I’ve been developing a FreeCAD macro for a while with the following aims:

  • Get to grips with FreeCAD and parametric modelling concepts: sketches, constraints, datum planes etc.
  • Learn Python and use it for FreeCAD scripting

To really push the boundaries, I challenged myself to use Python scripting in conjunction with the PartDesign workbench: I wanted to end up with a parametric model fully based on sketches and datum planes.


There are several limitations when referencing items in FreeCAD via Python script. This includes needing to reference Part items such as edges and faces by name, whilst the names are liable (and likely) to change each time the model is modified.

There are also a number of exposed native methods in the Python scripting layer which expect (rarely documented) integer based constants. In this post I collate what I’ve learnt about these constants for future reference.

Beyond simple scripts, FreeCAD macro development really benefits from using a Python IDE. My Python IDE of choice is PyCharm.

I have been able to setup the same Python environment with FreeCAD and PyCharm using this great project https://github.com/FreeCAD/FreeCAD_Conda.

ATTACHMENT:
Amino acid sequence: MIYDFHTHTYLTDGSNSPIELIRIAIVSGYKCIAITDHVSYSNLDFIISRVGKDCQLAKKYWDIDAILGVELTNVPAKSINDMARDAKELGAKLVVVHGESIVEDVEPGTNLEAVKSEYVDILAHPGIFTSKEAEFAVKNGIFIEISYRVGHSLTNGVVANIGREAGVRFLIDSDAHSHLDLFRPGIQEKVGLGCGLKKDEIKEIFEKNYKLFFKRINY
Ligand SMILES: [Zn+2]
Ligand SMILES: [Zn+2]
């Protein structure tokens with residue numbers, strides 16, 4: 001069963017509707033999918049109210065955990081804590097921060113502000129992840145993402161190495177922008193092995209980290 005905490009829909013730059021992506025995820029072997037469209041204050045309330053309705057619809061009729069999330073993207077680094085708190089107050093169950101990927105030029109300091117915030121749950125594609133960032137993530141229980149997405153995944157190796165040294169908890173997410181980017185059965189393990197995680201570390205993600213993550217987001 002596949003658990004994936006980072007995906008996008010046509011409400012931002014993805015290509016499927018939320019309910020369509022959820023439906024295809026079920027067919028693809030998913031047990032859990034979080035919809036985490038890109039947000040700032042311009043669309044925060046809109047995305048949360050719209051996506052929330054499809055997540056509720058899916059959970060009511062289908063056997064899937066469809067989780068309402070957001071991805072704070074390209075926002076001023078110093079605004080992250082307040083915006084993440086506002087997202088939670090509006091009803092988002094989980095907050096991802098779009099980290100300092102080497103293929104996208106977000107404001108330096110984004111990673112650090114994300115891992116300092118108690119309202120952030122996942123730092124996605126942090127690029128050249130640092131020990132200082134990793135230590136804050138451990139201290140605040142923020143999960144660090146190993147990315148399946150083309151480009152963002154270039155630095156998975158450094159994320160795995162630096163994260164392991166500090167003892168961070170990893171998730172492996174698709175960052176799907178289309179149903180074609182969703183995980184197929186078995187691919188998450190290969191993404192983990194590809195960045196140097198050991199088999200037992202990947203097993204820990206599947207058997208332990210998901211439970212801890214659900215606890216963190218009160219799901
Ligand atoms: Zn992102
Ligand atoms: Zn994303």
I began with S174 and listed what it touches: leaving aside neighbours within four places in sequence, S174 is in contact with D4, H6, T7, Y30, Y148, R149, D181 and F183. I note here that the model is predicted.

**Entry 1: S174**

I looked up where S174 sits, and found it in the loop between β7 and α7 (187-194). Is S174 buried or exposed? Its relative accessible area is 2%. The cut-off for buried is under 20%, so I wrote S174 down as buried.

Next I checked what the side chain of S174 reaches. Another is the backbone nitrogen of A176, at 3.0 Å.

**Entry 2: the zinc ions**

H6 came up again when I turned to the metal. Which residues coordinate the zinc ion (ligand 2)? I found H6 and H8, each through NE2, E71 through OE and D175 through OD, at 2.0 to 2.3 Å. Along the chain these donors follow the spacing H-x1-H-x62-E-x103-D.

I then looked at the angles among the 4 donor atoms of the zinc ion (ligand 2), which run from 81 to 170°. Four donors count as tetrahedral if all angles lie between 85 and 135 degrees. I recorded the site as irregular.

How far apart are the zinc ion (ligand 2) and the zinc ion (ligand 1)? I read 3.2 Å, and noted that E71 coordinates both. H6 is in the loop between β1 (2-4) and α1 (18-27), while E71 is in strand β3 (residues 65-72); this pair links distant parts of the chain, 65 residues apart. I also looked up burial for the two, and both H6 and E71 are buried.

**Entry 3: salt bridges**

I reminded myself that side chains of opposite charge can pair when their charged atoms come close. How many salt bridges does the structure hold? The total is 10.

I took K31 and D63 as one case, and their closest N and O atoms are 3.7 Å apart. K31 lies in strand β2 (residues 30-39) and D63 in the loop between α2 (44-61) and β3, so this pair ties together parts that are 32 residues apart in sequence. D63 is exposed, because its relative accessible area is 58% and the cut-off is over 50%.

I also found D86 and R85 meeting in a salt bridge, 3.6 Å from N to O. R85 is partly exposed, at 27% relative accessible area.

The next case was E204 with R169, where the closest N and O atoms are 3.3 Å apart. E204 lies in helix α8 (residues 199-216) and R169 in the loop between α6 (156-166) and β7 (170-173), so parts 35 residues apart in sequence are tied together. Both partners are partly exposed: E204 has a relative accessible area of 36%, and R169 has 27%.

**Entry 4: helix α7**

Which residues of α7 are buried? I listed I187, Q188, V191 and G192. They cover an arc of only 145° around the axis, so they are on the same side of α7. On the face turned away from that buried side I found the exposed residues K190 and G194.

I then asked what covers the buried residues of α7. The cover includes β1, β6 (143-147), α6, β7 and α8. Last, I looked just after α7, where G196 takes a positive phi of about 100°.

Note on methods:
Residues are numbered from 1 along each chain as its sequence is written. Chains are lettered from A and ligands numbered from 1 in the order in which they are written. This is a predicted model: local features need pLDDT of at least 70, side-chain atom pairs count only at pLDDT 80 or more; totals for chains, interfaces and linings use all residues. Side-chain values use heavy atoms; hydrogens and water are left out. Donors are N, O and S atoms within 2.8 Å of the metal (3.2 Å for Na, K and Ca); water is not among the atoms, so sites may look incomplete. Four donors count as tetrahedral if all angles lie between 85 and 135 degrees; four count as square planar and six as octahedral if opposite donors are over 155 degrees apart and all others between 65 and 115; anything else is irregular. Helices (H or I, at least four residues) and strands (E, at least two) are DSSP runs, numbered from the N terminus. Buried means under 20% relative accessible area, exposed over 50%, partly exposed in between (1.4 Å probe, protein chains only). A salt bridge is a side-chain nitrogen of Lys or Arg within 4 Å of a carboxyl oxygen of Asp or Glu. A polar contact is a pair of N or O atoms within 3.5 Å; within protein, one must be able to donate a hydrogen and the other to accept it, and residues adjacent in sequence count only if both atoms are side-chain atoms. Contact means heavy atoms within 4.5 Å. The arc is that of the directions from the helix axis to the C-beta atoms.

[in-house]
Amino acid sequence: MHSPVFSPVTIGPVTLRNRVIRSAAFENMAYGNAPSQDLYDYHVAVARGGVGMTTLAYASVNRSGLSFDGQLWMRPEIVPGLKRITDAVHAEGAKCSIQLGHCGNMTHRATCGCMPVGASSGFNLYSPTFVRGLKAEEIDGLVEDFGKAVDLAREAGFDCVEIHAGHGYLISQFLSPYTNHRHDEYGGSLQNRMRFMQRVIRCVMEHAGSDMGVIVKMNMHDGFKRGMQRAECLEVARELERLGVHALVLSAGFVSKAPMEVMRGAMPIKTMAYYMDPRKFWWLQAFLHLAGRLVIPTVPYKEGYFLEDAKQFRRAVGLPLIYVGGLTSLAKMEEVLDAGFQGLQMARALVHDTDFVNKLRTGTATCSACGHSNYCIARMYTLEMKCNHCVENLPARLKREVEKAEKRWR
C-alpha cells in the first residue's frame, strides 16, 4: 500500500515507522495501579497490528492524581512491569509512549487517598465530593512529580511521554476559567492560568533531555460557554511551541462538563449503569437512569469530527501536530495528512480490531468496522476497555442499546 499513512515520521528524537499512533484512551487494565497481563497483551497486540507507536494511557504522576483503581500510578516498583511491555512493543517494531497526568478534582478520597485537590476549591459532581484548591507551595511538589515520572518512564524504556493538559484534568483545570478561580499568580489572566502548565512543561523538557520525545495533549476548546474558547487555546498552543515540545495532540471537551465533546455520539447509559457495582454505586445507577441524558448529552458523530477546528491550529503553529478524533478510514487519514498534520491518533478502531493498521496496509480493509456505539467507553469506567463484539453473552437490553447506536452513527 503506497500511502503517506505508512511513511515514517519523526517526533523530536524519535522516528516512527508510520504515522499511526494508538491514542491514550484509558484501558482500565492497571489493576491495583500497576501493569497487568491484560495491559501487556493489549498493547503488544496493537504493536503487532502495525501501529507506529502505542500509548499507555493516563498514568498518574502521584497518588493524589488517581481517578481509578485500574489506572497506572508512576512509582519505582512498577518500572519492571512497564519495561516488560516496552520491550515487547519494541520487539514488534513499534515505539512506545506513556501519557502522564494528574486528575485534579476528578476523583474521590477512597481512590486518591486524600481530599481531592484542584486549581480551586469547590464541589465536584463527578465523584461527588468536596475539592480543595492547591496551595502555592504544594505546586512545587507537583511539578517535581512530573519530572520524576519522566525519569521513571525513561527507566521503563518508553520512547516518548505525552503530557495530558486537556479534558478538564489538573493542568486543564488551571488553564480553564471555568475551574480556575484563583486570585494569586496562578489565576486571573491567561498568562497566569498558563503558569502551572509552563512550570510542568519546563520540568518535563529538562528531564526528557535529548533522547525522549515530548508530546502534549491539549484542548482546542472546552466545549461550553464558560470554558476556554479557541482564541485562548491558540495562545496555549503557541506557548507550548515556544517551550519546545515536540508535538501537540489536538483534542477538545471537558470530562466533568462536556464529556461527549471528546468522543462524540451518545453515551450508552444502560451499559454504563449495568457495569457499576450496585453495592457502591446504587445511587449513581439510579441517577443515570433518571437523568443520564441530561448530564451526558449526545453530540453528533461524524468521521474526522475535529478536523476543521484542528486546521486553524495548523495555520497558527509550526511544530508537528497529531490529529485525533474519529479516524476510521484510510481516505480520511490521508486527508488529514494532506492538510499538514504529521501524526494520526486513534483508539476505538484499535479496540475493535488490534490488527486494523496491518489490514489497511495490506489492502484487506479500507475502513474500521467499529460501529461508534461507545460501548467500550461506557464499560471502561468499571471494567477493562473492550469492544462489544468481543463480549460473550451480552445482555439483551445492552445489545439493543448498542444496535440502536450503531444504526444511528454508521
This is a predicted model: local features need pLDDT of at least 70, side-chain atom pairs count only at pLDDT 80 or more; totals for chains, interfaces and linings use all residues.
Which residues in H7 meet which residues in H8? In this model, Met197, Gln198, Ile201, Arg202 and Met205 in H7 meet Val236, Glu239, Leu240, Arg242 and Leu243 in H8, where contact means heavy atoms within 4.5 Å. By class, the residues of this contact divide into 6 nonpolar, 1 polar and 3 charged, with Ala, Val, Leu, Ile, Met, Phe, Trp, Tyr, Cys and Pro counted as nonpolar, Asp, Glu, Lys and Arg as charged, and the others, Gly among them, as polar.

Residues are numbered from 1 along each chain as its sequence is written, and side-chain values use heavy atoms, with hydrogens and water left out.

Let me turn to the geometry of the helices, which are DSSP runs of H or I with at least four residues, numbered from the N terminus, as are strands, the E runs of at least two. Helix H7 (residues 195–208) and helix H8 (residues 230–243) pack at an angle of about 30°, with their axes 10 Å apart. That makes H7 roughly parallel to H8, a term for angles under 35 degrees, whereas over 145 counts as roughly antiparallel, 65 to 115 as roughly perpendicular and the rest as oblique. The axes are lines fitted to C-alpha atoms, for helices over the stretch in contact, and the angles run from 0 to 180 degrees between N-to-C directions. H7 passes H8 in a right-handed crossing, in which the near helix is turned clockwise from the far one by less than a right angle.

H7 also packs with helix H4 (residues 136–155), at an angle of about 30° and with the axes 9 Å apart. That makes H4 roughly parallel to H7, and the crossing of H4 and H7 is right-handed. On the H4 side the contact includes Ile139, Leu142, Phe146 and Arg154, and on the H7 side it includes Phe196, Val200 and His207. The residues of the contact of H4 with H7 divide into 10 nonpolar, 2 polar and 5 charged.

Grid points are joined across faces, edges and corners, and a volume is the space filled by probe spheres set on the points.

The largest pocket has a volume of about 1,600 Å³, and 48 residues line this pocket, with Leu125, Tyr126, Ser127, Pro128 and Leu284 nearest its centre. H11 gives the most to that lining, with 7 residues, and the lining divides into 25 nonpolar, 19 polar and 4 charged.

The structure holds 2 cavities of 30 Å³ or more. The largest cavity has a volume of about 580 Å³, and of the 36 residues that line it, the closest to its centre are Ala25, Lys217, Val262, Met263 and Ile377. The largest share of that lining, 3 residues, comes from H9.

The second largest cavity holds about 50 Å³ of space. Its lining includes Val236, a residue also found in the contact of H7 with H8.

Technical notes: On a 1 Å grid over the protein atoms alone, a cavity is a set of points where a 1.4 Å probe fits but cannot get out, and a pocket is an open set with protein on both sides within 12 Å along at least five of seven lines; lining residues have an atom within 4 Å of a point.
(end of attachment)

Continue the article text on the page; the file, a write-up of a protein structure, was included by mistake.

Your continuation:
This allows the same Python syntax and semantics to be applied (especially important when switching from Python 2 to Python 3). Unfortunately however, having code completion for FreeCAD modules still eludes me…


I’ve been developing a fairly complex macro for FreeCAD and wanted to re-run it after making code changes without having to restart FreeCAD.

I found this forum posting which gave me the answer.

This post was discussing reloading code for workbenches and GUI Commands (which has some caveats) and it also works perfectly for macros.


I’ve been developing a fairly complex macro for FreeCAD and wanted to split the code out into a module with separate files.


I’ve been writing a Python macro for FreeCAD as a learning exercise on both subjects. I thought it would be nice to display the Circled Information Source unicode character as a tooltip icon in a GUI form. It looks like this: 🛈 (if your current viewing font supports it).

After attempting this for a couple of hours, I wanted to stop learning Python and head back to Java…